Sarah Lawrence wrote:
> I confess that I have no idea what the Extropian line is on this,
> but I find it profoundly frightening.
To the extent that there is such a thing as a party line, it is that
regulation of genetic research should be minimal and individuals should be
free to do anything that they like with their own bodies. The issue of using
genetic engineering on unborn children is more complicated, but the general
feeling seems to be that parents should be able to make their own decisions
unless there is clear evidence that some particular proposed modification
would be harmful to the child.
> You may think that infringing your children's autonomy is a
> necessary evil. But -- *don't* think it doesn't hurt them: that way
> lies madness. Please don't misunderstand me. I'm not saying that
> anyone *intends* to harm their children. We all love our children
> and want what's best for them. We so much want to help them that we
> sometimes feel compelled to take the decision out of their hands,
> because we can't bear to think of them suffering as a result of
> their mistake. But when we do that, we're infringing their autonomy
> and doing them wrong.
> The arguments that show why it isn't right to do things to *gypsies*
> against their will apply just as much to every other group of
> people, including children.
I agree with most of what you've said, but I think you've missed one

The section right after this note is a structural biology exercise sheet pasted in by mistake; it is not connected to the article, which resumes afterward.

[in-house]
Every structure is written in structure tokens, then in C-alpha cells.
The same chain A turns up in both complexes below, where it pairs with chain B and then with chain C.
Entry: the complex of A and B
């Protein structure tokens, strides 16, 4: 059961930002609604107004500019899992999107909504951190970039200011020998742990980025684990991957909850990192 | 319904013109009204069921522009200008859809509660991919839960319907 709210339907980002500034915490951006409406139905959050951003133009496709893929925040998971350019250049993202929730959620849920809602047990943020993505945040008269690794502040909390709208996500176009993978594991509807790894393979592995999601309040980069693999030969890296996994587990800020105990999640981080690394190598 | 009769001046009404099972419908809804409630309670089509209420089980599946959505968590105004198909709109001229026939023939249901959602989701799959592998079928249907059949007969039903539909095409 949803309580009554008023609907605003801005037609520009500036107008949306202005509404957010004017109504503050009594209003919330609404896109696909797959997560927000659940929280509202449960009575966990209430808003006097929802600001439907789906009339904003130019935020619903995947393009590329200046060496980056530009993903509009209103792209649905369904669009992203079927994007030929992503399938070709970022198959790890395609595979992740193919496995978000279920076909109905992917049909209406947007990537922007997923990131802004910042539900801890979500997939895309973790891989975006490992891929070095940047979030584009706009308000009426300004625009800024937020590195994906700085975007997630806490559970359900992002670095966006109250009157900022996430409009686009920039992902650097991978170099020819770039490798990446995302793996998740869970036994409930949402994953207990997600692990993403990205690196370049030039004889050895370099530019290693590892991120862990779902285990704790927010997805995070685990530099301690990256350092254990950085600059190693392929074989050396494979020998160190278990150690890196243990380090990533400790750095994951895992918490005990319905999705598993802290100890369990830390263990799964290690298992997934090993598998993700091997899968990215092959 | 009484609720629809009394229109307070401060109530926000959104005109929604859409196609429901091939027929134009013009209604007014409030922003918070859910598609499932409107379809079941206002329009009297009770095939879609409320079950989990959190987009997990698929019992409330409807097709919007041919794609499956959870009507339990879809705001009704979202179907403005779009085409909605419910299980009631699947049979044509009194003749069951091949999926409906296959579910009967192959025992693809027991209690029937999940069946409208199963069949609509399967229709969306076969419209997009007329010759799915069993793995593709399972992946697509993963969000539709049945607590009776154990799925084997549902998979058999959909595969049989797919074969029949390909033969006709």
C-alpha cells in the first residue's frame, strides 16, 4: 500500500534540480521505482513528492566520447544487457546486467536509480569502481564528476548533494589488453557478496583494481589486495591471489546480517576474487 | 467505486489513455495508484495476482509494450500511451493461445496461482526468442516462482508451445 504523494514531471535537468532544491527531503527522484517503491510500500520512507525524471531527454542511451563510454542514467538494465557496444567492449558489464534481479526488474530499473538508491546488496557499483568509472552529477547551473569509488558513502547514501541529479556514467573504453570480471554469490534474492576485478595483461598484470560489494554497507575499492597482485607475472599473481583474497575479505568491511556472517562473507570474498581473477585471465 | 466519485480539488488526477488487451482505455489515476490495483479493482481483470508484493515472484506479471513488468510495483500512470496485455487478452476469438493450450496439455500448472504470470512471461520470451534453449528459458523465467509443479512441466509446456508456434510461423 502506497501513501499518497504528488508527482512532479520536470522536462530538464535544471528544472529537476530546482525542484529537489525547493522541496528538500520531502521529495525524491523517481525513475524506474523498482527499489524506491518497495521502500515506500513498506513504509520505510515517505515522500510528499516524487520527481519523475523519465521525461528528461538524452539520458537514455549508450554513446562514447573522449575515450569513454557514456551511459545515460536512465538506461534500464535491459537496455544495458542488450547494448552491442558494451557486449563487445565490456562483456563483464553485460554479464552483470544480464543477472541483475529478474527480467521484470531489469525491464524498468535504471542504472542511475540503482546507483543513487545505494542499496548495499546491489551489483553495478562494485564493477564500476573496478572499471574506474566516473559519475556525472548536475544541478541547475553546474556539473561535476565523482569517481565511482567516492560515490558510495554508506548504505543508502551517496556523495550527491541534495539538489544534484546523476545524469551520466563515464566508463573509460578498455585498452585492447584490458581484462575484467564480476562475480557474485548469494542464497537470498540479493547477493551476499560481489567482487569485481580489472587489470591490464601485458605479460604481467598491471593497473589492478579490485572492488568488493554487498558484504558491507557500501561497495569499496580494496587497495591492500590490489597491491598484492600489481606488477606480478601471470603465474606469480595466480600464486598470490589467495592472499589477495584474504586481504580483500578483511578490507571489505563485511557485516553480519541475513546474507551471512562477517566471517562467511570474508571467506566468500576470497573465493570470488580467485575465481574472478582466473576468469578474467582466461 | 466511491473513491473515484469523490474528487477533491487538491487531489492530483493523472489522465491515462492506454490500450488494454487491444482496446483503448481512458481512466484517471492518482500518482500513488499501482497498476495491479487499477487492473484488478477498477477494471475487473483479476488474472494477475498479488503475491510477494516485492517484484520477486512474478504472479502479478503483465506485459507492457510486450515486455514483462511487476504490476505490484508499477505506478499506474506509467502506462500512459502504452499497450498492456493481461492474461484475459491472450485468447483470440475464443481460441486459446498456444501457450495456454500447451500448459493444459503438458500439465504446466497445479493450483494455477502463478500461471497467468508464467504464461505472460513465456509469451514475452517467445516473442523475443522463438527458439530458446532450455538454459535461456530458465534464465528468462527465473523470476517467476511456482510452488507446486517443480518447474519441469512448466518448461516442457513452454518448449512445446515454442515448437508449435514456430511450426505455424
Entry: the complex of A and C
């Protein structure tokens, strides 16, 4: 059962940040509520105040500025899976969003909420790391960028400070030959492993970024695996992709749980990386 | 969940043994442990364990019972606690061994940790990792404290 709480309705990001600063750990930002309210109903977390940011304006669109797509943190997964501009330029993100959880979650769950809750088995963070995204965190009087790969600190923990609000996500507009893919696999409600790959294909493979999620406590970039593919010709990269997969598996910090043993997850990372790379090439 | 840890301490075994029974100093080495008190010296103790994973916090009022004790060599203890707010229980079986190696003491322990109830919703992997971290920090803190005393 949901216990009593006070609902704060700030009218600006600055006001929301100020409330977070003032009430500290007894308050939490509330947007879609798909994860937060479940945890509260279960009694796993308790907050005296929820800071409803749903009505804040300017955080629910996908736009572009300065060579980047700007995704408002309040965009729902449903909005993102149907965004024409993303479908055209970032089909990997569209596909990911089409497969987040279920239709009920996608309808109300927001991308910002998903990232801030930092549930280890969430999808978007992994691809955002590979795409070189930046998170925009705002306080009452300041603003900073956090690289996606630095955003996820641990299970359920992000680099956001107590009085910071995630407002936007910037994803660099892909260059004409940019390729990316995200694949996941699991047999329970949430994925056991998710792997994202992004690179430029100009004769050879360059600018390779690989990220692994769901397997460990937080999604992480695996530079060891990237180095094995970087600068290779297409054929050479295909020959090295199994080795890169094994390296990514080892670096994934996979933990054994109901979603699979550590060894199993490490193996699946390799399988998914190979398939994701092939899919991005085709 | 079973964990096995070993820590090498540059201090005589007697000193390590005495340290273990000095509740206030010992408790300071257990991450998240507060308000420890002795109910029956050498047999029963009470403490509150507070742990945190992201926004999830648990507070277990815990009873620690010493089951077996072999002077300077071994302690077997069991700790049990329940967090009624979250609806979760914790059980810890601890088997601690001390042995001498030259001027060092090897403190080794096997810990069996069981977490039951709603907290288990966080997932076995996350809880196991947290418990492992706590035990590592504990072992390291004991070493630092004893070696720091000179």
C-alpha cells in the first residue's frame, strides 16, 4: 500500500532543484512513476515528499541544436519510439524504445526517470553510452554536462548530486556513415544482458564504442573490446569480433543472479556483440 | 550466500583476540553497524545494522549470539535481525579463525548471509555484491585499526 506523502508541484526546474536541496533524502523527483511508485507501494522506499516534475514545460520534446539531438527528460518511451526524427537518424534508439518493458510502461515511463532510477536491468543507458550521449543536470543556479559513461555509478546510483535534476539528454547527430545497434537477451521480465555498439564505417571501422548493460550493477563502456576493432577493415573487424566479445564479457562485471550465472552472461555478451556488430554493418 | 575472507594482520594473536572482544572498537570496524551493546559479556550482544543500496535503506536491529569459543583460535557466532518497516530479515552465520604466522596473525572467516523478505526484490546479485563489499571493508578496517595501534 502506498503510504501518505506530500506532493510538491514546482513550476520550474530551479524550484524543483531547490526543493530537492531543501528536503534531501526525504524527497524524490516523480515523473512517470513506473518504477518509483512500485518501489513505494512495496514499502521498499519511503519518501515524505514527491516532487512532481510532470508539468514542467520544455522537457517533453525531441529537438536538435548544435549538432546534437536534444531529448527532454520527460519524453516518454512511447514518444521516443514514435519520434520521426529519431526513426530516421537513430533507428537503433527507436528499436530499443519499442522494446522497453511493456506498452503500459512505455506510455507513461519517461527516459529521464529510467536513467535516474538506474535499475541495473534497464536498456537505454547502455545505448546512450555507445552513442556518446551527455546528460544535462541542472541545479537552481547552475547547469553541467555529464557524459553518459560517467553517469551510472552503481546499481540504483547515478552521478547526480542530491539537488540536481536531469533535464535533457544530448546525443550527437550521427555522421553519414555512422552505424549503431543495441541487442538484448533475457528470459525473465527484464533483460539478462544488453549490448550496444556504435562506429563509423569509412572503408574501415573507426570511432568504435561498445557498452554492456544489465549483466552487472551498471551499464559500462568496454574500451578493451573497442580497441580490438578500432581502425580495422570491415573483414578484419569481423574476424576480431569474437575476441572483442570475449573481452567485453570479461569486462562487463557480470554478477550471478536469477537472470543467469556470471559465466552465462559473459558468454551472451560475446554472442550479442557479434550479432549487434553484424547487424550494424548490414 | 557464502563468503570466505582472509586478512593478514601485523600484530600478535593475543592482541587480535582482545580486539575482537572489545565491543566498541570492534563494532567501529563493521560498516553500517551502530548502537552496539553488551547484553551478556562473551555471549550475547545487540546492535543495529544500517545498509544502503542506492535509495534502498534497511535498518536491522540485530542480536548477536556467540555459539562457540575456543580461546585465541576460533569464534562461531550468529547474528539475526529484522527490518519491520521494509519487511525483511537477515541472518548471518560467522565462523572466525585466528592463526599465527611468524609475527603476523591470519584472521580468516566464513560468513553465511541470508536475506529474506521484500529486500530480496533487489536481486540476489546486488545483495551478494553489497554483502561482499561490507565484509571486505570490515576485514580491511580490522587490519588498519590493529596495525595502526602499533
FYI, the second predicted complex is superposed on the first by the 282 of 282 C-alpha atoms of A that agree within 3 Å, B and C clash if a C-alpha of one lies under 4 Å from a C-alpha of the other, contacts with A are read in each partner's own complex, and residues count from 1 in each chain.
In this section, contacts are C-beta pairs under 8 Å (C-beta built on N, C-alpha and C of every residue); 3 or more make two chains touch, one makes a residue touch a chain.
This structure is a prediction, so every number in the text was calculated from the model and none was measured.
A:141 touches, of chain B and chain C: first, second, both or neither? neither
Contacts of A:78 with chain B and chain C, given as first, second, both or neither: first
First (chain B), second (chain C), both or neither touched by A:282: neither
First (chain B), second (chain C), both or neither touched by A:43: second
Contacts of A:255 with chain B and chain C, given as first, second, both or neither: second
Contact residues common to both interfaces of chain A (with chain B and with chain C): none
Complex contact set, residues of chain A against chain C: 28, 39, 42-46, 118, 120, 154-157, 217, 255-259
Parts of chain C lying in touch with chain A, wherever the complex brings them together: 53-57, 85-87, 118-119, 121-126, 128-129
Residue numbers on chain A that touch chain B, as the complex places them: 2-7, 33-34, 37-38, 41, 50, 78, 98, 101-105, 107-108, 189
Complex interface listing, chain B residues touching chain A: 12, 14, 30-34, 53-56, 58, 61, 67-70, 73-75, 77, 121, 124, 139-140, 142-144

important point. Just because the idea that 'group X is incapable of making
their own decisions' has been abused in the past does not mean that it can
never actually be true. Is simply means that we should err on the side of
caution, and overrule an individual's preferences only when there is
overwhelming evidence that said individual is incapable of making a reasoned
If the case of teenagers it seems reasonable to suppose that the only thing
they lack is experience in making their own decisions, so your reasoning
applies fully. In the case of infants it seems equally clear that the
capacity for even rudimentary decision-making has not yet developed, so it
would make no sense to adopt a hands-off policy.
In the intervening years (age 2-12, more or less), things get complicated.
It would seem sensible to adopt a policy of allowing a child to make
decisions about anything that he can actually understand, but it is very
difficult to know how far the capacity for understanding has developed at
any given time.
This archive was generated by hypermail 2b29 : Thu Jul 27 2000 - 14:13:06 MDT